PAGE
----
Friday, April 15, 2011
Nobody is listening
So I was thrilled to find someone outside the Daley Center handing out mini-flyers. Here was my chance to read all about the show and decide if I want to go...
The flyer tells me almost nothing. It raves about an actress I don't know (see again: head in hole). It tells me it's a show about a family. It tells me it's emotional. It tells me that it won awards.
Based on this stunning amount of information, I've placed this show as a cross between Sweeney Todd and Mary Poppins. Should be a blast.
Is this the best we can do when introducing a new show? Is this how we think that we'll make people feel familiar enough with the show to give it a try? Big name artists certainly do make us feel more comfortable, but is Alice Ripley big enough for the general public to rely on that to carry the show?
Going back to the Heath Brothers and their SUCCESs model, let's take a look and see how sticky this flyer might be:
Simple: This ad isn't at all simple. It tries to overwhelm you with pull quotes, mentioning awards, a nonsensical graphic of a musical score tied in knots. Almost nothing at all about the show itself.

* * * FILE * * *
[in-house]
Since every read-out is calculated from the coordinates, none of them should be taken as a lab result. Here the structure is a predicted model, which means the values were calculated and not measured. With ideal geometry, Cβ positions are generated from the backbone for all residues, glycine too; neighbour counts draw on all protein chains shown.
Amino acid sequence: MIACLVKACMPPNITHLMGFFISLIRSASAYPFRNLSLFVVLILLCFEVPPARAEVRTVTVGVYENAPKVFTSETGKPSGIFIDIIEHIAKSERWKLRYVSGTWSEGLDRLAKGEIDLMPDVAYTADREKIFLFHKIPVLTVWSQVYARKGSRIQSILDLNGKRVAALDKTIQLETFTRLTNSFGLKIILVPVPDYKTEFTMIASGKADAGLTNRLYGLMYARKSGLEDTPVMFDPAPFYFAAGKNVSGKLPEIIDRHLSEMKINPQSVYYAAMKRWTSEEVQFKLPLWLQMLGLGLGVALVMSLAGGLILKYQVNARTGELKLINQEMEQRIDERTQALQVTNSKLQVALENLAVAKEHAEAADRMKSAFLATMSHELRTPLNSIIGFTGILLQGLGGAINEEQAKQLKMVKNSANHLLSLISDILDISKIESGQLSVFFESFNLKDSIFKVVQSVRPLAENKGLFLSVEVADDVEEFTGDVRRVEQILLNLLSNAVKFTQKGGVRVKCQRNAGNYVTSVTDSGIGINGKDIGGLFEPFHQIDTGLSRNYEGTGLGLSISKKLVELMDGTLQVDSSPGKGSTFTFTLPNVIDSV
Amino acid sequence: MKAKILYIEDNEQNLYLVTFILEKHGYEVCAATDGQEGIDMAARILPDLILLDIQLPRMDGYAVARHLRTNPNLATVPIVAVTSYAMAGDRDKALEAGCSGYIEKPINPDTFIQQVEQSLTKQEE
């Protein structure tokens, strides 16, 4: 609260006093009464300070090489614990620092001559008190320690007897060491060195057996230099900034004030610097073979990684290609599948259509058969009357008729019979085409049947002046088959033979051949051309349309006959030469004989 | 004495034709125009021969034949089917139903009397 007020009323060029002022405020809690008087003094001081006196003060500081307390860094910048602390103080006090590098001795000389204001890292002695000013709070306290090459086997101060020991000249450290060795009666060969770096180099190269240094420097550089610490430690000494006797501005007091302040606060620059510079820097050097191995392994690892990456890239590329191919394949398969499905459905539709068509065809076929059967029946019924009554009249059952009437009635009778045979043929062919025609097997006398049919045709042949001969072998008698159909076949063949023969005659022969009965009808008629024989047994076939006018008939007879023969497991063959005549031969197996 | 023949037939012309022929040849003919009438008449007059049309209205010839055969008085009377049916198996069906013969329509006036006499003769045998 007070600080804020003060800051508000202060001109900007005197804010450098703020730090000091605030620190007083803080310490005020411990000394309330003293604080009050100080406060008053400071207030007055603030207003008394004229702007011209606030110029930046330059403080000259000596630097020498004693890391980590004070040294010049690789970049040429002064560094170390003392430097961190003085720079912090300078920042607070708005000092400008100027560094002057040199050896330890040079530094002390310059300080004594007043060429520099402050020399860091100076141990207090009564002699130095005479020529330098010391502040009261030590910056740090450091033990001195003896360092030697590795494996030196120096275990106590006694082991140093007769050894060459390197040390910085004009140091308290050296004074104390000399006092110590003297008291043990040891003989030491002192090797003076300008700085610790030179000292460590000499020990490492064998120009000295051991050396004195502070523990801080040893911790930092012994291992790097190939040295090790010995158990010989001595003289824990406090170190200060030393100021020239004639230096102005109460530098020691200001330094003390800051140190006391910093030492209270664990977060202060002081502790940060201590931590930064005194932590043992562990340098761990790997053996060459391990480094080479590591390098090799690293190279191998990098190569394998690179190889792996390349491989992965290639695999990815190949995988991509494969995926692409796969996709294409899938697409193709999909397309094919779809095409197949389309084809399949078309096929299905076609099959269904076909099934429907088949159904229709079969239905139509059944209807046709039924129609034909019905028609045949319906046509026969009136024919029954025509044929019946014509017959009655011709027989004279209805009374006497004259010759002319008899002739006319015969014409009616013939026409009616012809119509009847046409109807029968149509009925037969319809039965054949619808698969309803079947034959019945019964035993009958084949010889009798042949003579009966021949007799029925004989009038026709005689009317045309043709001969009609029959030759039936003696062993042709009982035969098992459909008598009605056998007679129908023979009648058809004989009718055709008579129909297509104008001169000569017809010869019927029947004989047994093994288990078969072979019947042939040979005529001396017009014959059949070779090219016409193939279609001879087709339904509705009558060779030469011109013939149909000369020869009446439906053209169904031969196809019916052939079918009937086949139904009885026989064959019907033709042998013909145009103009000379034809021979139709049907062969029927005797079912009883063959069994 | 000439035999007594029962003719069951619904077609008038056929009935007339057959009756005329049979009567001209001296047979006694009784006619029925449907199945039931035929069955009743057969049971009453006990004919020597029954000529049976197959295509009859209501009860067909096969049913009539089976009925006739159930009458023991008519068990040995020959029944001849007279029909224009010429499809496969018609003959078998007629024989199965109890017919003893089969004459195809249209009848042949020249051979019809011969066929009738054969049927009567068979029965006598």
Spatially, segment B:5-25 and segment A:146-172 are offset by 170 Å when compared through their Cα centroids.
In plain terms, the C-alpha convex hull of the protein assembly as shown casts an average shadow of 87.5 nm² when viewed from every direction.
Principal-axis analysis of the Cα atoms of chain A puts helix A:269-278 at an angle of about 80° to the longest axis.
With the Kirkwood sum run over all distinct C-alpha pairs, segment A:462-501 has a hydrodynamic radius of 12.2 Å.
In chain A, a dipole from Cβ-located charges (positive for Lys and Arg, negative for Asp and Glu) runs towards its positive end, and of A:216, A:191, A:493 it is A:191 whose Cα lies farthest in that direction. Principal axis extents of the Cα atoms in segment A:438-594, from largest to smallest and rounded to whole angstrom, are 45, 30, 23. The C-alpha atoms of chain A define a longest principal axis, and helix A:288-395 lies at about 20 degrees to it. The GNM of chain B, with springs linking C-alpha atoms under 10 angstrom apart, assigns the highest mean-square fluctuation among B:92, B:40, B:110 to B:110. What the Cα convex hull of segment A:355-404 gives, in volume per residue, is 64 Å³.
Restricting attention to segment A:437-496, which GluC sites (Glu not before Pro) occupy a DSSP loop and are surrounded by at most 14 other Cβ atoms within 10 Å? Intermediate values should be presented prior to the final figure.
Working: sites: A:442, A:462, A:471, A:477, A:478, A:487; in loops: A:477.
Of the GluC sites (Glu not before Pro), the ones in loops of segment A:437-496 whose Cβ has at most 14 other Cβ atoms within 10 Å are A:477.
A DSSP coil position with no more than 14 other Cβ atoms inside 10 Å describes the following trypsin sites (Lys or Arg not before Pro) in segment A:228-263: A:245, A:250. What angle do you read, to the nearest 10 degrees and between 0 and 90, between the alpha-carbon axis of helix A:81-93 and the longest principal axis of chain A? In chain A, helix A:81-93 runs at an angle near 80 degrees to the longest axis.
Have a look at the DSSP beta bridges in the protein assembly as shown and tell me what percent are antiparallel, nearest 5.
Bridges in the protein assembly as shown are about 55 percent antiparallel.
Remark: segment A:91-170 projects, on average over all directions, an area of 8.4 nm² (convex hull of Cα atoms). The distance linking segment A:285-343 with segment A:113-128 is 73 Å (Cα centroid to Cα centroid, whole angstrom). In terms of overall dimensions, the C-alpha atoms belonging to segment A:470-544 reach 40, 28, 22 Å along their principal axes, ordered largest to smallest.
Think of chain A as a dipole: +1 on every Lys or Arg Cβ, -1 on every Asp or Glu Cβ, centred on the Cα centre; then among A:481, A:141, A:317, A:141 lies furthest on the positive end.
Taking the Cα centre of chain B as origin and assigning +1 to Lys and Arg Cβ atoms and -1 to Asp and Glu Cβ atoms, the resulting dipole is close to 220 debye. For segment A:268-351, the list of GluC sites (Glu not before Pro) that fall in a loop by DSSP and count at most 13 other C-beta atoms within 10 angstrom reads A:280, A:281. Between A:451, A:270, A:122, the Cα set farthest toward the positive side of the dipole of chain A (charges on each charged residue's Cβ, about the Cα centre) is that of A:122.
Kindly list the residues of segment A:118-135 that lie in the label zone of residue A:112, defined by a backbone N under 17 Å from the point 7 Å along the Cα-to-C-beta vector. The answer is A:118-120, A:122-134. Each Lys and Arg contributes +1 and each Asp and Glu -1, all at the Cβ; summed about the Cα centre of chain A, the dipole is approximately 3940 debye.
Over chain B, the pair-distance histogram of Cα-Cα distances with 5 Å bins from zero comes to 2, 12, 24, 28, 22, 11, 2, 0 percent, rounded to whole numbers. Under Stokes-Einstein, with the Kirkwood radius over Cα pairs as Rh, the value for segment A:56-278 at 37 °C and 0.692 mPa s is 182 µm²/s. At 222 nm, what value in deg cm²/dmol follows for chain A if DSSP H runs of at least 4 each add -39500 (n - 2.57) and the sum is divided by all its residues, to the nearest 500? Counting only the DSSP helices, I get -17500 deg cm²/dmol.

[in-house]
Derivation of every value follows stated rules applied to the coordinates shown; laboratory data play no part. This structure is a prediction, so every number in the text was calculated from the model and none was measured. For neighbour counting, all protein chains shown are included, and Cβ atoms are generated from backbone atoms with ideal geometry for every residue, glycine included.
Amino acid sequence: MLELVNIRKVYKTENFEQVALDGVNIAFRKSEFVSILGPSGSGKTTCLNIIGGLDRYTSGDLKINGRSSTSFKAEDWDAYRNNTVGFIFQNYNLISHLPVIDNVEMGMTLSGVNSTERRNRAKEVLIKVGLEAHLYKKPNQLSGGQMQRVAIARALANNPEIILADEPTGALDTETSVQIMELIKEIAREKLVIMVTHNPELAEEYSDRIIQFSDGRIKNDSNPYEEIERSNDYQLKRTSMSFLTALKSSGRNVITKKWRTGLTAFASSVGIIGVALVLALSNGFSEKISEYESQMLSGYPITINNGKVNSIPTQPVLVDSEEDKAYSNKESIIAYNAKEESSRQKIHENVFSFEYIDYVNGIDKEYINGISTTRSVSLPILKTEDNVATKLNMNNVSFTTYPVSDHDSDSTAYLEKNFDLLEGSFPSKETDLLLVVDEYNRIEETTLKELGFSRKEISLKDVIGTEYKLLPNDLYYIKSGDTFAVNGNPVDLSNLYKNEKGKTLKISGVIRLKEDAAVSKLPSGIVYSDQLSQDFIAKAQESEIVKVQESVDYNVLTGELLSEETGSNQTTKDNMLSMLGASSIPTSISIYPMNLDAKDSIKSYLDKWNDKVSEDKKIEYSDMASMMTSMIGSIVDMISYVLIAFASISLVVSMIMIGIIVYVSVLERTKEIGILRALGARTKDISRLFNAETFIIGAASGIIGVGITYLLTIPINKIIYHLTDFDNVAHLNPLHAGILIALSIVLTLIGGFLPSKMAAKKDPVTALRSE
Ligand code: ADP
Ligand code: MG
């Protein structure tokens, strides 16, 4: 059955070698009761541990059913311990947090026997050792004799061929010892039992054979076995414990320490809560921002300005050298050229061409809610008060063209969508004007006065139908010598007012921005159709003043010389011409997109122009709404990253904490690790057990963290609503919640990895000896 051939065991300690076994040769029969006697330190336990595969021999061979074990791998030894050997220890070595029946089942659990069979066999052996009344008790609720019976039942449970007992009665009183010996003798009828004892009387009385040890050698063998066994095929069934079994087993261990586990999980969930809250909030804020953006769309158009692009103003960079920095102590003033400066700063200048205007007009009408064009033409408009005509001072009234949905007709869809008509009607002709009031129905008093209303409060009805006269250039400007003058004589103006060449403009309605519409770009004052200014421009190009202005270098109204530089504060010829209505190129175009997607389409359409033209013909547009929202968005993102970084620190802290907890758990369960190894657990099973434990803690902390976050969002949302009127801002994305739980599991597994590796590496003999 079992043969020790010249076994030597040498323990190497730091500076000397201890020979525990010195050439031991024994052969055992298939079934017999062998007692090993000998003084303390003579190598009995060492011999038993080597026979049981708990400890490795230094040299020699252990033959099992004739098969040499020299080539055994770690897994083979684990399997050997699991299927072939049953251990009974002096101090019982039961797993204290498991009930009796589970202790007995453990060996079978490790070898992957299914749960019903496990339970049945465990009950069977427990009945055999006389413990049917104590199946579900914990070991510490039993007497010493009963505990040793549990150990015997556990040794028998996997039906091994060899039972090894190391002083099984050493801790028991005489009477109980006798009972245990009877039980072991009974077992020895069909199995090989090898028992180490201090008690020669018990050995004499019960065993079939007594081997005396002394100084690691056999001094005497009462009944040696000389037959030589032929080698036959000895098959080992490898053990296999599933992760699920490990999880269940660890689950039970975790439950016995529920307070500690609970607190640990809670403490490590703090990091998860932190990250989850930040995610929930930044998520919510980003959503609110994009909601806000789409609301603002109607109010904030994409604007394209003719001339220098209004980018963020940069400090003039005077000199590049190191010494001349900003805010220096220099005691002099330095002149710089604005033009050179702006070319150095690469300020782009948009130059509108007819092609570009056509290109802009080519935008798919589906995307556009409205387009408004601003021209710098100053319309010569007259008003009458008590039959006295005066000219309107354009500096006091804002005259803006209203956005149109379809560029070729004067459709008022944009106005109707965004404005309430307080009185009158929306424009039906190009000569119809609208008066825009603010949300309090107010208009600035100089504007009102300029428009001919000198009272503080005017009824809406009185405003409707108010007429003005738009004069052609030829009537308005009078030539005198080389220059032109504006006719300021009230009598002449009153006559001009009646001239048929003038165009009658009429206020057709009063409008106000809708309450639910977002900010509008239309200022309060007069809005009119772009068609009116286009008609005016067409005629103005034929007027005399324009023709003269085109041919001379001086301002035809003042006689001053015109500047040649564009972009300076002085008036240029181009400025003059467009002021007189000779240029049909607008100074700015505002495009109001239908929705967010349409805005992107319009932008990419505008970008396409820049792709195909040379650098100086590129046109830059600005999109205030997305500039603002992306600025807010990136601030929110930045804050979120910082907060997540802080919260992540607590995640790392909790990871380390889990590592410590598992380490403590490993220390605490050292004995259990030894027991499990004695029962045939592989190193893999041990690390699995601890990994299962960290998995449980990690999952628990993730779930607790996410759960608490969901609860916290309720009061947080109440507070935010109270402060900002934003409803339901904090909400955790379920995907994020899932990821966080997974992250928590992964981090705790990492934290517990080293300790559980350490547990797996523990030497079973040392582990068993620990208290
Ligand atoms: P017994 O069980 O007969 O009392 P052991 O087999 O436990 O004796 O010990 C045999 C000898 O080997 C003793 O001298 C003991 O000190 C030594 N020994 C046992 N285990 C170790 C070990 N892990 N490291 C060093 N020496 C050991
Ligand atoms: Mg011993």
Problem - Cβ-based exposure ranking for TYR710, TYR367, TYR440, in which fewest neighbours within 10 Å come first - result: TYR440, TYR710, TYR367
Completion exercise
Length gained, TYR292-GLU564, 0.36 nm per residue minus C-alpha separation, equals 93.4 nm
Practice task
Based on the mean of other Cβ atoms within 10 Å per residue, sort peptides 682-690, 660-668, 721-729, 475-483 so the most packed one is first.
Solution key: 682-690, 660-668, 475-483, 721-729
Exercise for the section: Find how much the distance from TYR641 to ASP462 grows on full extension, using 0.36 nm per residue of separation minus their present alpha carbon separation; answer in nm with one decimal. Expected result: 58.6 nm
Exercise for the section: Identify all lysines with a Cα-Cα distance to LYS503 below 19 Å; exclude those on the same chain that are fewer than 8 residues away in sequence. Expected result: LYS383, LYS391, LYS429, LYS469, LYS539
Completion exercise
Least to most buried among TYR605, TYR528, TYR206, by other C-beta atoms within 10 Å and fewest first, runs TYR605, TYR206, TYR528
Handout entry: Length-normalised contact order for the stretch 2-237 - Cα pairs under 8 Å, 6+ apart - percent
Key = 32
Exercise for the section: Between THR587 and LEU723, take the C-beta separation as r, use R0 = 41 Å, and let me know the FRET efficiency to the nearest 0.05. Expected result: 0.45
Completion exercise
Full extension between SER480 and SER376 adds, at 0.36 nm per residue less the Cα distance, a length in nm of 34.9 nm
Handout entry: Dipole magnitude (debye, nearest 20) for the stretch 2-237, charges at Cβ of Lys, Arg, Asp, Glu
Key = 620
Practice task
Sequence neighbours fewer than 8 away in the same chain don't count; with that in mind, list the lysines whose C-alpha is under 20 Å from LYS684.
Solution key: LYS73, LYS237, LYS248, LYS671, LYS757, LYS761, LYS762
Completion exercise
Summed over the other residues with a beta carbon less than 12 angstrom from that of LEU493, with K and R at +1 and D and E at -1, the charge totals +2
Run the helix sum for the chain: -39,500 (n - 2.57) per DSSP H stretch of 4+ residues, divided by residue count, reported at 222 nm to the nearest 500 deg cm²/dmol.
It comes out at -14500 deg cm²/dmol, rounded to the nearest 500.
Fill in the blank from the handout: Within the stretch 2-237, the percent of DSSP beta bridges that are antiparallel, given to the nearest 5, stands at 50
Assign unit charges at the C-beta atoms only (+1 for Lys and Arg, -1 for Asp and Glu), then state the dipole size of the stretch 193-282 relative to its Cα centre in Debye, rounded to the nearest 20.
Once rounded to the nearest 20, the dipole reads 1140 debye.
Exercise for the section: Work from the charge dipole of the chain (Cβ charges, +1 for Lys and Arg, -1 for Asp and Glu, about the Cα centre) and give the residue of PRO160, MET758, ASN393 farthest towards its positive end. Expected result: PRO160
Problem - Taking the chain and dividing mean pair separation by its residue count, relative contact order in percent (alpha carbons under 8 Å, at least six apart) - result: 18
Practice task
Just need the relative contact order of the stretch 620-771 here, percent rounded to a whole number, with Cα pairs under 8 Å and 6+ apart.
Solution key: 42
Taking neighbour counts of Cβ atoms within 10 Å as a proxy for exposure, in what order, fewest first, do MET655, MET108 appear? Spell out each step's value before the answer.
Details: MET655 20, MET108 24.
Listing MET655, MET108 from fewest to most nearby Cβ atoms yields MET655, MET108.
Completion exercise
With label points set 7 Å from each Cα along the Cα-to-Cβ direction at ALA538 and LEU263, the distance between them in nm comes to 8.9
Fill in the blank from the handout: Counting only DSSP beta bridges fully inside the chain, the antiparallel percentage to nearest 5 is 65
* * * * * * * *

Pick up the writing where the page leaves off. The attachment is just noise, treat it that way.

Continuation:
Unexpected: Sadly, it's all too expected that a show ad will try to dazzle with the best quotes and call itself "emotional". All the bold in the world doesn't draw my eye in place of something truly unexpected.
Concrete: The only thing that makes this ad concrete is that there will be music, but a printed ad can't even convey what kind. A reference to the Rent director evokes rock musical, but the mention of family makes me question that. It could very well be a rock musical about a family, but nothing actually confirms that in the ad.
Credible: Pull quotes try to be credible, but I think we've all gotten too cynical for it to work. Everyone knows that you can find a few words in even the worst review that make you look at least ok. Mentioning the Tony and Pulitzer is a little better, but I'm also cynical about award shows personally these days, so for me that left just the Pulitzer to give credibility.
Emotional: Saying the word "emotional" in the ad doesn't count. Sorry. A later quote says "Much more than a feel-good musical: it is a feel-everything musical." but what does that even mean? Feeling everything is so broad as to be meaningless. Remember the old "You'll laugh! You'll cry!" etc.? Yeah, just as lacking in meaning and very ad-speak-esque.
Stories: This is the greatest crime for an arts presentation. This is the essence of what we do. Not telling a story about the show is just tragic.
Not a good showing, is it?
We need to do better. We can recognize ways to make a show feel more familiar without sacrificing the things that will actually make the message about the show stick and get people to try it out.